NZABA 2010 was held at the University of Canterbury over the weekend of 3-5 September. There were 37 registered for the conference, and 26 presentations scheduled, along with 6 posters presented at the welcome event on Friday 3rd. As usual, nearly half the presentations were given by student researchers.

The welcome event went well. However, there was a massive earthquake at 4.36 am the following morning, setting much of the city in turmoil. Conference participants were all fine, fortunately. One conference participant wrote:

“Personally, I am glad to be back in Auckland. This was the most frightening experience of my life. … It started with a huge bang, and immediately the world started moving violently 8” back and forth—and the lights went out. I shot out of my unit, which was moving and creaking alarmingly, and into the courtyard (meeting others out there). It was almost impossible to stand, and there were fantastic showers of sparks on the horizon as transformers blew. … And then aftershocks, some very large, … The aftershocks were still occurring when I left at 2 pm Sunday – airport was working, and surprisingly the cellphones were working throughout, but started to run out of battery.

Things I learned: Keep your phone battery charged; use your laptop (not booted) as a light source; carry muesli bars just in case; fill something with water when you get to a motel room.”

Good advice for your next conference. We residents of Canterbury would add the following for home:

1) You can buy a “night light” that has a rechargeable battery, plugs into the mains, and turns on when the power goes off. It is cheap. Buy one.

2) Buy a car adaptor for your cellphone.

3) You may be separated from your wallet, keys, cellphone. Life is difficult without them. Keep a stash of cash somewhere easily accessible, and consider doing the same with a spare house key, an old cellphone, …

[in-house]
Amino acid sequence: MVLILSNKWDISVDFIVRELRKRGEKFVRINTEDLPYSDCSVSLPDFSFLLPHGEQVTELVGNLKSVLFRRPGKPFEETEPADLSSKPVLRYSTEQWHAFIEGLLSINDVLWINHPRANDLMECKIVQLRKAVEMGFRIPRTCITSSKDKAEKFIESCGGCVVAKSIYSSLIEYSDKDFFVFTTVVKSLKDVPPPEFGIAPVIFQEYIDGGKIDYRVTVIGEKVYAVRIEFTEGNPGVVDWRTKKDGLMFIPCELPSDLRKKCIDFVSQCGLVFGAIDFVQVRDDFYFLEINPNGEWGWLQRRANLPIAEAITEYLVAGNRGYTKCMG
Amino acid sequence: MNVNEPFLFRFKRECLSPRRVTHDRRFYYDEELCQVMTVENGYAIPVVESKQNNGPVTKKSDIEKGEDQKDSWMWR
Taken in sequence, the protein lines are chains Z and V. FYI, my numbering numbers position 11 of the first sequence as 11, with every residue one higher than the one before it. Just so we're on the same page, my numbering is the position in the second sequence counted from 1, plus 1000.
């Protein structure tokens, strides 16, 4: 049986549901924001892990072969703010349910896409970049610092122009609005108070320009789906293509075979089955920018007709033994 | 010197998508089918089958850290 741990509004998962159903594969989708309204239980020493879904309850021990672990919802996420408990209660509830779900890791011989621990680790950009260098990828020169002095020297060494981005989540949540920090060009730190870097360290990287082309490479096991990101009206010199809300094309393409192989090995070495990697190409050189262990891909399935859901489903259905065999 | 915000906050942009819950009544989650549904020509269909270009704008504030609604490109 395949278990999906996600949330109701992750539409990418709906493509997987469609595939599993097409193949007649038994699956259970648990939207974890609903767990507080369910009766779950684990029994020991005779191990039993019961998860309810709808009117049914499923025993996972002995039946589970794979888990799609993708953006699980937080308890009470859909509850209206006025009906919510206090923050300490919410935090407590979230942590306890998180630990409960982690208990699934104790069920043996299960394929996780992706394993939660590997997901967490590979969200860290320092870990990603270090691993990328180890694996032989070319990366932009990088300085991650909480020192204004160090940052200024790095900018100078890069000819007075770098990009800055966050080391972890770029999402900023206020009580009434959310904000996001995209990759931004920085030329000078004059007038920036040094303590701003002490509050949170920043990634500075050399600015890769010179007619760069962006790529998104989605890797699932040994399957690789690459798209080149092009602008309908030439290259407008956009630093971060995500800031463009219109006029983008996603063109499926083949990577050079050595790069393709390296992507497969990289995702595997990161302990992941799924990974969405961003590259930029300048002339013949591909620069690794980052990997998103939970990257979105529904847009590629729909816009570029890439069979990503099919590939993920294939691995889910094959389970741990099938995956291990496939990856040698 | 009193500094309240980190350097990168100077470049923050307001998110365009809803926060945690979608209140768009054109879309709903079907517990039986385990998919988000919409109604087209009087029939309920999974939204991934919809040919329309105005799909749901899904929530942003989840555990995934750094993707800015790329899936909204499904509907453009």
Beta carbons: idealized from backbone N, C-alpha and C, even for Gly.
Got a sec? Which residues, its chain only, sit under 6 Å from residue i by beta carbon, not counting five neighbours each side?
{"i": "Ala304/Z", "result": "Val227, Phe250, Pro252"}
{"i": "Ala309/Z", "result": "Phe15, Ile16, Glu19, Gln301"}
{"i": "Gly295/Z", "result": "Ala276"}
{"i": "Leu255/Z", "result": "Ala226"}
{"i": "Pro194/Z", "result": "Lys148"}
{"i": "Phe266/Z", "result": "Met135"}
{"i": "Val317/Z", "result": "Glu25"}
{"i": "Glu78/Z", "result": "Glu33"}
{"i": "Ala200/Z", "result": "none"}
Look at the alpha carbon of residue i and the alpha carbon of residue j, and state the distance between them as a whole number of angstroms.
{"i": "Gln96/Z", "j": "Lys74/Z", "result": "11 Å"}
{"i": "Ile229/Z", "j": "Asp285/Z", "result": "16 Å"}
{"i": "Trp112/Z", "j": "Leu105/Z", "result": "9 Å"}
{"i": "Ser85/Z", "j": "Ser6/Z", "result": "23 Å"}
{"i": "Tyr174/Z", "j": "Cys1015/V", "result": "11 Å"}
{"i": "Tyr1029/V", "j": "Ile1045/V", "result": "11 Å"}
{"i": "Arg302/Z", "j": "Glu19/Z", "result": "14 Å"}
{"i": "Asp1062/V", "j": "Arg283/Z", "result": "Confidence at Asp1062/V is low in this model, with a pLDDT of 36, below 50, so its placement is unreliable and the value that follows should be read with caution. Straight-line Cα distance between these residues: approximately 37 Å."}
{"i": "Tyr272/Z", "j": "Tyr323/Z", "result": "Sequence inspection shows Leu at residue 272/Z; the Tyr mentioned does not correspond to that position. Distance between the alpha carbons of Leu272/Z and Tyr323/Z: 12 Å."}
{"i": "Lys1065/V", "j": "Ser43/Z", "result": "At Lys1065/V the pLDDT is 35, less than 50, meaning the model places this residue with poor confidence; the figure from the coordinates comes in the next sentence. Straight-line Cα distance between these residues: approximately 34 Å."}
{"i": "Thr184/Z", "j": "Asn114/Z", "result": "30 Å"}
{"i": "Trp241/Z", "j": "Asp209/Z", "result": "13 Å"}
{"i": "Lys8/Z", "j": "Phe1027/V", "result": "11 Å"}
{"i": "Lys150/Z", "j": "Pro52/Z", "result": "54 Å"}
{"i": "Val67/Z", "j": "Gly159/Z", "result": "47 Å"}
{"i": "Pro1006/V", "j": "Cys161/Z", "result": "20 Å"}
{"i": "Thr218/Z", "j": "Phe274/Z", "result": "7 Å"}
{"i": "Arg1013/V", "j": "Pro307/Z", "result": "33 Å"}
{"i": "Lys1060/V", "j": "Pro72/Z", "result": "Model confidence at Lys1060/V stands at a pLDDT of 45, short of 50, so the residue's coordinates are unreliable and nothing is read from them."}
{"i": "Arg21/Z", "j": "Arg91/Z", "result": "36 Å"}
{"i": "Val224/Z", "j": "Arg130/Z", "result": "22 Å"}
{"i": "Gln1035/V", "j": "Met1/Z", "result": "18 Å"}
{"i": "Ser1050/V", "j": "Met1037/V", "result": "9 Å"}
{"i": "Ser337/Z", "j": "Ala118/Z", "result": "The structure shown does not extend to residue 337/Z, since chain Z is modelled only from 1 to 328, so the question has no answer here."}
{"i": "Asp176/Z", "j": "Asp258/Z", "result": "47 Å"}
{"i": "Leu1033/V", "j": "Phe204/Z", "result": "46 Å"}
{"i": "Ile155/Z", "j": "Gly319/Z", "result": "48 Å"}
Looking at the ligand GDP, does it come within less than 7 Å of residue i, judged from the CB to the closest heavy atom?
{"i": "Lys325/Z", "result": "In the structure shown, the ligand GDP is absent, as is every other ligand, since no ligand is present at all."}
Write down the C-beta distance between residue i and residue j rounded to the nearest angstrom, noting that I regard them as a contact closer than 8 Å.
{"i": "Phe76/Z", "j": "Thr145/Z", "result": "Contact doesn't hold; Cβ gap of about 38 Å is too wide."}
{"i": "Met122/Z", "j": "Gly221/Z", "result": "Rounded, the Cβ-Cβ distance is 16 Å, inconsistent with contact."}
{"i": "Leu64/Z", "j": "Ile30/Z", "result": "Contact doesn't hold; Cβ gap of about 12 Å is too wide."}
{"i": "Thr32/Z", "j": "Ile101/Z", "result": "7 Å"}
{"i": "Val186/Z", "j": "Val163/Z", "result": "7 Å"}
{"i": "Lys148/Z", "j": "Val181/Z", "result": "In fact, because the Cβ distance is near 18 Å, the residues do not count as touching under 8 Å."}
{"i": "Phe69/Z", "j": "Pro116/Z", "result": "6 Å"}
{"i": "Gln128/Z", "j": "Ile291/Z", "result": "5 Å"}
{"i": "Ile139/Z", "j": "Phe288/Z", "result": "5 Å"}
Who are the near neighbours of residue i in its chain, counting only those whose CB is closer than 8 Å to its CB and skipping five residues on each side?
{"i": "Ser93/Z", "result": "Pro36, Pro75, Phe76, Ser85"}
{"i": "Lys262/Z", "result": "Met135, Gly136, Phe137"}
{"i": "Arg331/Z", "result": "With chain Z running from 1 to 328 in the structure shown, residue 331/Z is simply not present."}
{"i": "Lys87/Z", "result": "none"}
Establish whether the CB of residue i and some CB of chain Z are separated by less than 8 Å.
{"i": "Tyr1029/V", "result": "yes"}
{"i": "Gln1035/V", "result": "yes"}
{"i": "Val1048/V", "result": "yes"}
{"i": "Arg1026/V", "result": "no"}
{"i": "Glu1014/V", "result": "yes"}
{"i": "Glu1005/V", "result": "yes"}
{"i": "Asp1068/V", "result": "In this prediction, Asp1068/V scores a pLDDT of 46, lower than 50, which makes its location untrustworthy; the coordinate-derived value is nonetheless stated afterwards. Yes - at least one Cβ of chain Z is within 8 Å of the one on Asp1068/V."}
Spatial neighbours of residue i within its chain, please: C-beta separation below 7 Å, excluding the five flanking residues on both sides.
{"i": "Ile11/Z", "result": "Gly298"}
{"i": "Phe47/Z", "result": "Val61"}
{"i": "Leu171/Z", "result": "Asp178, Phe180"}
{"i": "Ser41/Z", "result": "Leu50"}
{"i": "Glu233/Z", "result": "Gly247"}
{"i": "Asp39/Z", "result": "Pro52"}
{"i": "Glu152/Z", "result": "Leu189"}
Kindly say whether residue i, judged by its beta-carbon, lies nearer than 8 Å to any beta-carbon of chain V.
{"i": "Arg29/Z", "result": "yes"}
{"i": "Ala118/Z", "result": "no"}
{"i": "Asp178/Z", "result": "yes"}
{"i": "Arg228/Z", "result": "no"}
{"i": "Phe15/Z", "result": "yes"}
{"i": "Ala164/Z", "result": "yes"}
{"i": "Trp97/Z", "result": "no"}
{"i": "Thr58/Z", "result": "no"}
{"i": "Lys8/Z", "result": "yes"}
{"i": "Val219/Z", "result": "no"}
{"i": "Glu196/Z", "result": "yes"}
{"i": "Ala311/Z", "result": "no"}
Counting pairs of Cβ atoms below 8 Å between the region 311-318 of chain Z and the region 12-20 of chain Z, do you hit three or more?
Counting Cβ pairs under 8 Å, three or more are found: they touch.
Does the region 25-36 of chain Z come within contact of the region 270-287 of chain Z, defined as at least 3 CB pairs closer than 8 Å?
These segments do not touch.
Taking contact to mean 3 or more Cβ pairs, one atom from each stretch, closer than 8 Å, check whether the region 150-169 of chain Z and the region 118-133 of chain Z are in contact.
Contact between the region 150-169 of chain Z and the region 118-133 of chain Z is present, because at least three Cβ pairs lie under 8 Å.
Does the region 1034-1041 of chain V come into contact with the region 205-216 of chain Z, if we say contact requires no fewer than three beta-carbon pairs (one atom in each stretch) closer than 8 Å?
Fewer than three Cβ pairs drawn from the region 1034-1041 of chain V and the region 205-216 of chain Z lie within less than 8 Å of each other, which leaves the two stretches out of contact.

The conference

We displayed great resistance to disruption in that we salvaged a good bit of the conference. But circumstances were difficult — there was no power in our part of Christchurch until after midday on Saturday 4th, and the conference venue (University of Canterbury) was closed and sealed off. We met for talks in a motel dining room Saturday afternoon (without a data projector), and again from 9 am Sunday. In the end, most of the scheduled presentations were actually delivered. There was also a conference dinner, although the intended venue was closed.

Andrew Hucks was awarded the prize for the best student presentation, and the NZABA spear, awarded for various salient presentation features (originally for ―thrusting anthropomorphism‖), was awarded to Douglas Elliffe for reasons that are now forgotten. The NZABA Hatchet was not awarded this year, and was last awarded to Doug Elliffe (he now holds both). Our congratulations to Andy and Douglas.

Anthony McLean (Chair NZABA 2010)

2009 NZABA CONFERENCE REPORT

The Sixth Annual Conference of the New Zealand Association for Behaviour Analysis was hosted by The University of Auckland from 28-30 August.  The conference was the largest yet, with 28 graduate students and 14 faculty members and practitioners presenting a total of 41 papers, including 9 posters.  The six New Zealand universities that carry out behaviour-analytic research were all represented, and we were delighted to hear papers from visitors Steve Provost (Southern Cross University, Australia) and Takayuki Sakagami (Keio University, Japan).

Prizes for the best student papers were won by Nathalie Boutros (EAB: The characterization of conditional reinforcers) and Rebecca Sharp (ABA: Modified incidental teaching with lag schedules of reinforcement to increase variable manding in a child with expressive language deficits), both of The University of Auckland.

NZABA’s Seventh Annual Conference will be hosted by the University of Canterbury, Christchurch, around the end of August 2010. Check this website for details nearer the time. Abstracts of papers from the 2009 conference can be found on the Previous Conferences page.

By Douglas Elliffe